DPRLARGE MEQs 2.17 0.797 4.79 0.561 5.00 0.544 
DPRLARGE MEQs + LQQ 2.14 0.804 4.59 0.592 4.61 0.565 
ModelAugmentationNQMEQ-AmbigQAMEQ-GPT
MR↓MRR↑MR↓MRR↑MR↓MRR↑
DPRBASE None 2.36 0.784 5.09 0.563 5.44 0.507 
DPRBASE Random 2.36 0.781 5.09 0.557 5.25 0.524 
DPRBASE MEQs 2.34 0.783 5.09 0.543 5.10 0.529 
DPRBASE MEQs + LQQ 2.25 0.791 4.85 0.569 4.88 0.547 
 
DPRLARGE None 2.31 0.780 4.84 0.569 5.46 0.515 
DPRLARGE Random 2.20 0.797 4.98 0.554 5.18 0.533 
DPRLARGE MEQs 2.17 0.797 4.79 0.561 5.00 0.544 
DPRLARGE MEQs + LQQ 2.14 0.804 4.59 0.592 4.61 0.565 
Table 4: 

Ranking evaluation with different LQQ functions on two MEQ contrast sets. All loss functions outperform the baselines in Table 3.

ModelLQQAmbigQAGPT
MR↓MRR↑MR↓MRR↑
DPRBASE InfoNCE 4.85 0.569 4.88 0.547 
DPRBASE Dot Product 4.79 0.574 4.98 0.539 
DPRBASE Triplet 4.80 0.568 4.91 0.542 
 
DPRLARGE InfoNCE 4.76 0.572 4.63 0.570 
DPRLARGE Dot Product 4.59 0.592 4.61 0.565 
DPRLARGE Triplet 4.61 0.582 4.59 0.573 
ModelLQQAmbigQAGPT
MR↓MRR↑MR↓MRR↑
DPRBASE InfoNCE 4.85 0.569 4.88 0.547 
DPRBASE Dot Product 4.79 0.574 4.98 0.539 
DPRBASE Triplet 4.80 0.568 4.91 0.542 
 
DPRLARGE InfoNCE 4.76 0.572 4.63 0.570 
DPRLARGE Dot Product 4.59 0.592 4.61 0.565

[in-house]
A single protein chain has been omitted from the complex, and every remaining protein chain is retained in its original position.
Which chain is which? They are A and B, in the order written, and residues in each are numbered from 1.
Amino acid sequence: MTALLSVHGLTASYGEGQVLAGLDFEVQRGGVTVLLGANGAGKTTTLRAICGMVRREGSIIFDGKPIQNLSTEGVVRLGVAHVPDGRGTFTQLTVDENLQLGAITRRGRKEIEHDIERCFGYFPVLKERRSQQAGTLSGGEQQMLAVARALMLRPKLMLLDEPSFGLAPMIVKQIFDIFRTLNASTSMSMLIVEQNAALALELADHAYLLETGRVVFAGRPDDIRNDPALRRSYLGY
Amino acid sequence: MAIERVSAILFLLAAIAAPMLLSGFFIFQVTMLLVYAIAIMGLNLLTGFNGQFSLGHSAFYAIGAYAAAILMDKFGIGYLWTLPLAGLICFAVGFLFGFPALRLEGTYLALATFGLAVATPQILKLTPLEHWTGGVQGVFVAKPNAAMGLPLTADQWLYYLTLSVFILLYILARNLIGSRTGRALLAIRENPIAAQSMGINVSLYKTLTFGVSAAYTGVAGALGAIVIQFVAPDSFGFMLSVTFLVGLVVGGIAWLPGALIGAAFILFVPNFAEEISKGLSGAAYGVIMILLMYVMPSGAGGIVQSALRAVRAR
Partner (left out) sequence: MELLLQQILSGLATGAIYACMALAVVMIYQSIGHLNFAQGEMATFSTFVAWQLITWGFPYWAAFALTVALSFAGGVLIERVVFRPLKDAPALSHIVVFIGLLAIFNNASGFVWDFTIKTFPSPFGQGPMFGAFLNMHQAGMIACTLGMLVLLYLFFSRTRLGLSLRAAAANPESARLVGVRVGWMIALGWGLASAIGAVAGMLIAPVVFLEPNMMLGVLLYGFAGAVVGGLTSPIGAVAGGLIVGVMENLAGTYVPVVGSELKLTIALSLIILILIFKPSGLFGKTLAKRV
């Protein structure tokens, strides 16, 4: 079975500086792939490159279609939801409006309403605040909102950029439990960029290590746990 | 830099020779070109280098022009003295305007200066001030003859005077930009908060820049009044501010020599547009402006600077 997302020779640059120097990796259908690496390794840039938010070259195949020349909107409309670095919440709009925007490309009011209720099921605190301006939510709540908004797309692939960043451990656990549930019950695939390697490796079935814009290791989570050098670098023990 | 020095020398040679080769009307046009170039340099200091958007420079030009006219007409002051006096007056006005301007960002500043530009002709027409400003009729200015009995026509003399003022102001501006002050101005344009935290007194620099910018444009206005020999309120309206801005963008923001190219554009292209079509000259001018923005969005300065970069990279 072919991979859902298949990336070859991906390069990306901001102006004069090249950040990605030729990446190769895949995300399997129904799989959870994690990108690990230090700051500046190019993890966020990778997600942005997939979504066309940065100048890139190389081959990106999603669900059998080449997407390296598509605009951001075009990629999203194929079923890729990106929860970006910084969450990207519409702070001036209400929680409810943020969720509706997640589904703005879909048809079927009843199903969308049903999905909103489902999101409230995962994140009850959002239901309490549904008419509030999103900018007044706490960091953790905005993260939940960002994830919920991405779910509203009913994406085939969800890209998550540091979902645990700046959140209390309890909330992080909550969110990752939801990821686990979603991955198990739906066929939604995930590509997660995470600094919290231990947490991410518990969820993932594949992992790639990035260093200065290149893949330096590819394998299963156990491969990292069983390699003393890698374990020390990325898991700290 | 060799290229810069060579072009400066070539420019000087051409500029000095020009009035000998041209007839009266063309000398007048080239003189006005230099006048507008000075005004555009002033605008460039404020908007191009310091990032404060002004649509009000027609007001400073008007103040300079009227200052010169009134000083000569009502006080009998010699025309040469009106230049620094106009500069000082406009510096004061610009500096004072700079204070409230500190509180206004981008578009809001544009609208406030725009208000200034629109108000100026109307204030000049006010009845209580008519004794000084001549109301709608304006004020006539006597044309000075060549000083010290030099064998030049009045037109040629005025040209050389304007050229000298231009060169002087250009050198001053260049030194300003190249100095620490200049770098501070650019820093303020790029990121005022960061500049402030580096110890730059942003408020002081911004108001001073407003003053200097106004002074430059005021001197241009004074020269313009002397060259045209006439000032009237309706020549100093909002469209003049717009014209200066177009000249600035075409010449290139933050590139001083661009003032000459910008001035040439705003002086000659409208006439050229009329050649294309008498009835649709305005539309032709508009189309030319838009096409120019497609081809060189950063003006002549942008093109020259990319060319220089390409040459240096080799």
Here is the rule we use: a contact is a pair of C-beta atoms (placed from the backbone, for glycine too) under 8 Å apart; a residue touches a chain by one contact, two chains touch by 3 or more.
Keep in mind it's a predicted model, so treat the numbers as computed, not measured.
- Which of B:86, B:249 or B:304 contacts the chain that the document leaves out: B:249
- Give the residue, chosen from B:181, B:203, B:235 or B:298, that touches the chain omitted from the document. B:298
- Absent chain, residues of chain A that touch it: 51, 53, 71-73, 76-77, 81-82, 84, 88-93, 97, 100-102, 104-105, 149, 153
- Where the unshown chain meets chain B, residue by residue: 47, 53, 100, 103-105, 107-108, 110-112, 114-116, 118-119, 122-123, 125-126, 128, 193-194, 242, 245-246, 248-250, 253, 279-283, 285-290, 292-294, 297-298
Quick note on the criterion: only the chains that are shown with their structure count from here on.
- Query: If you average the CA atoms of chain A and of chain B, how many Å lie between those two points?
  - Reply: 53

DPRLARGE Triplet 4.61 0.582 4.59 0.573 
Table 5: 

Retrieval evaluation results. R@k stands for Recall@k.

ModelAugmentationNQMEQ-AmbigQAMEQ-GPT
R@1R@5R@20R@1R@5R@20R@1R@5R@20
BM25 None 23.2 45.3 64.5 16.8 34.2 48.8 21.1 42.7 61.7 
 
DPRBASE None 46.6 70.0 81.2 28.5 50.0 65.6 31.5 57.3 73.2 
DPRBASE Random 48.2 71.2 81.6 27.5 49.2 65.8 31.8 58.0 73.8 
DPRBASE MEQs 46.4 69.9 81.3 25.2 46.2 62.7 31.5 55.9 72.3 
DPRBASE MEQs + LQQ 48.1 70.8 81.9 29.5 52.3 66.4 32.8 58.7 74.4 
 
DPRLARGE None 46.0 67.6 80.3 26.8 49.2 64.0 29.2 54.9 70.7 
DPRLARGE Random 49.0 70.9 81.5 26.2 48.4 64.1 31.3 56.7 72.3 
DPRLARGE MEQs 48.0 70.5 81.4 27.7 47.2 61.5 31.2 57.0 71.8 
DPRLARGE MEQs + LQQ 51.0 71.2 81.6 30.1 52.3 65.4 32.5 58.4 73.1 
ModelAugmentationNQMEQ-AmbigQAMEQ-GPT
R@1R@5R@20R@1R@5R@20R@1R@5R@20
BM25 None 23.2 45.3 64.5 16.8 34.2 48.8 21.1 42.7 61.7 
 
DPRBASE None 46.6 70.0 81.2 28.5 50.0 65.6 31.5 57.3 73.2